A Cyber-Apple for the Teacher: A Case Study of Anti-Hegemonic Adult Education Practices in a Cyber-Education Environment

A Cyber-Apple for the Teacher: A Case Study of Anti-Hegemonic Adult Education Practices in a Cyber-Education Environment

Mark Federman, Marilyn Laiken
DOI: 10.4018/978-1-60566-942-7.ch005
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In an age seemingly defined by near-ubiquitous access to Internet-based communication, there is little wonder that adult educators are turning to online, distance education as a means to reach their participants. In the traditional academy, post-secondary institutions increasingly include online courses and programs as elements, or comprising the entirety, of both undergraduate and graduate degrees (Allen & Seaman, 2006). Even in the realm of non-formal adult education, “hacktivism1” has become one of the most effective mechanisms through which engagement for social change – especially on a global scale – occurs (Day, 2004; Ganesh, Zoller & Cheney, 2005). Ironically, rather than truly integrating the philosophy of emancipatory and transformative adult education, cyber-education environments as typically implemented throughout the academy, overwhelmingly – if unwittingly – reproduce and reinforce the hegemony of traditional teacher-pupil power relations. By examining the mechanism of hegemony, and its pervasive presence in contemporary pedagogical technologies, this chapter will demonstrate how organized power is maintained through these mechanisms. In contrast, a case will be offered that demonstrates how engaged intellectuals can reconstruct the cyber-education environment in order to challenge the pretensions of entrenched academic power, and manifest adult education principles. In particular, the case will explore how the many years of research on how adults learn can be applied with the use of technology, so that the cyber learning milieu is as dynamic, personal and collaborative as the physical presence classroom context can be in the hands of a skilled adult educator.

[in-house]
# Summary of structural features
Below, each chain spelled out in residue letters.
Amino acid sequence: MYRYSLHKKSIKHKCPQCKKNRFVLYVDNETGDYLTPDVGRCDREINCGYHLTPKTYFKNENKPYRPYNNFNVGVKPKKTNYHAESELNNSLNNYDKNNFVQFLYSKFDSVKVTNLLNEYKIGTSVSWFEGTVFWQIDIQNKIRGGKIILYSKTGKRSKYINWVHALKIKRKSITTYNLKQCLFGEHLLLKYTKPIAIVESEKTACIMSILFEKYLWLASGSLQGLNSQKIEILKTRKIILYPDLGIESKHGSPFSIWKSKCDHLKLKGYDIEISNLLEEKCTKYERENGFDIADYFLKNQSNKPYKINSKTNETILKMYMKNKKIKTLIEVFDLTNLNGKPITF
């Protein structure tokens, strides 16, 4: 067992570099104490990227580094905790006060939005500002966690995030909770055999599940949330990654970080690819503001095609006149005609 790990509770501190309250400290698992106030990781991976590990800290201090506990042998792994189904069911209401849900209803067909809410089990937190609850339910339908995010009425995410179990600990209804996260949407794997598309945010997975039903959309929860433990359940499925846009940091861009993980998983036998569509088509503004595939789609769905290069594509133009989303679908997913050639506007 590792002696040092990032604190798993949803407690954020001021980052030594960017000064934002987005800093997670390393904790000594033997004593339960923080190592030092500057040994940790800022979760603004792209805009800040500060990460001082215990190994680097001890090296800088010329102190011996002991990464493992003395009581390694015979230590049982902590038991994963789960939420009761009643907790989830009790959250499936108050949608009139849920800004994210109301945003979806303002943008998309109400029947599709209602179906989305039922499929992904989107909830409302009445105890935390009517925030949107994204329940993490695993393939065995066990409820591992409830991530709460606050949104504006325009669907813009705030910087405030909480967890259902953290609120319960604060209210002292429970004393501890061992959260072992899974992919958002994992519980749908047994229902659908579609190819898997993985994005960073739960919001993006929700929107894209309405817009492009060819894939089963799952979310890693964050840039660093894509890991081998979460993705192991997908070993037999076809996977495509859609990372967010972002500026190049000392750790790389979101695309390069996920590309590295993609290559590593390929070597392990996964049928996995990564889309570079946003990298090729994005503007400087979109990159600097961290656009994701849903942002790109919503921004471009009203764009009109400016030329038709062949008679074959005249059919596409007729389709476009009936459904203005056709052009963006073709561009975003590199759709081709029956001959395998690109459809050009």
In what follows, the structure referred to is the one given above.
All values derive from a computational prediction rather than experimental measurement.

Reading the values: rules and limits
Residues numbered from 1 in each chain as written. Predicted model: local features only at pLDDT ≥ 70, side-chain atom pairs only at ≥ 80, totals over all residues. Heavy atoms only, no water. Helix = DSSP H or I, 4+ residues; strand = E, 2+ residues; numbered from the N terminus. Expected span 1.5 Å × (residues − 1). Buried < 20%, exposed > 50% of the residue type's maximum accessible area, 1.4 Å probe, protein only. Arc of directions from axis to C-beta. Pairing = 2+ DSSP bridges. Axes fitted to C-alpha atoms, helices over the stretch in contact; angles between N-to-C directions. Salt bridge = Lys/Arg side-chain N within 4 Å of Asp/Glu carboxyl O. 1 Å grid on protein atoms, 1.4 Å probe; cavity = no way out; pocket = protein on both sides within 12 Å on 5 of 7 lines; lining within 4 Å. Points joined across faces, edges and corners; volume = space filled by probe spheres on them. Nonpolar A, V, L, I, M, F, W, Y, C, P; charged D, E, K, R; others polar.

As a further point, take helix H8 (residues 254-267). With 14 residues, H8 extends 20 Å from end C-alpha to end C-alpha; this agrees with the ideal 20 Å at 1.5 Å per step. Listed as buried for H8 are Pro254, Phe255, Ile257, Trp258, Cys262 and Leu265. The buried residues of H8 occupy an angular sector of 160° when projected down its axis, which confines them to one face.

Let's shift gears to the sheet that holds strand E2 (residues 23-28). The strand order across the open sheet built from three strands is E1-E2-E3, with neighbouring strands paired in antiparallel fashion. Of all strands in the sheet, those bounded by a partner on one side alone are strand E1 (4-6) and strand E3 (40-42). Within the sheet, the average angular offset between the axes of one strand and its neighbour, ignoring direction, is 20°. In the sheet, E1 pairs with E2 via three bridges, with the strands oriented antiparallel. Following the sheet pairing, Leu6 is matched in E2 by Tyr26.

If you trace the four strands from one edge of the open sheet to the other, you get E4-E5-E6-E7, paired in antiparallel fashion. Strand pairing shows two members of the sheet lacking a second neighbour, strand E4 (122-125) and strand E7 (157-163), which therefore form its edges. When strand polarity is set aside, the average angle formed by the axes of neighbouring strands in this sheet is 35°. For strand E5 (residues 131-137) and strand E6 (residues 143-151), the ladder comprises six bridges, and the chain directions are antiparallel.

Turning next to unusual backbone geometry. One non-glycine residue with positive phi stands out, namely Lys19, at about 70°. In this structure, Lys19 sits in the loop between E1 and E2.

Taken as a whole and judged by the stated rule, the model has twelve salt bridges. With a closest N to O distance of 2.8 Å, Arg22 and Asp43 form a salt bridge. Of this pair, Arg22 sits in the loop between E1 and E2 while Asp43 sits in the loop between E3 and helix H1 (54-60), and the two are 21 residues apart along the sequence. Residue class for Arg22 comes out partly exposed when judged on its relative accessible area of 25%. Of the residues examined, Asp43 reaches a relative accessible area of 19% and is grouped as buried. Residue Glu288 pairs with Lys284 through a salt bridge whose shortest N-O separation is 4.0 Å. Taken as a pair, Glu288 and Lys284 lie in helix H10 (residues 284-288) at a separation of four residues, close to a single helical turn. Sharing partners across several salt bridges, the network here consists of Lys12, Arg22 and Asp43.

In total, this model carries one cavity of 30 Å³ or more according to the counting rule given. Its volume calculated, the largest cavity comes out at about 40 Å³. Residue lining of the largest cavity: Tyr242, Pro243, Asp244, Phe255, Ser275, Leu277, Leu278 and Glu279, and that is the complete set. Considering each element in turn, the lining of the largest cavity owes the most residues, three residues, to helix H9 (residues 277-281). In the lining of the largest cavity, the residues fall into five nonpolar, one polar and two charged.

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The Rise Of Cyber-Education

Online2, distance education has grown to comprise a significant fraction of post-secondary, institutional education. In a survey of 2,200 post-secondary institutions in the United States for the academic year 2005-2006 (Allen & Seaman, 2006), 3.2 million students were taking at least one online course. This represents approximately 15% to 20% of total enrolment, a 39% growth year-over-year – more than double the number added in the previous year. Almost all (96%) of large institutions, defined as having more than 15,000 enrolled students, offer online courses, with two-thirds of them offering at least one fully online degree program. Among institutions offering graduate-level, research-oriented degrees, more than 80% have online offerings.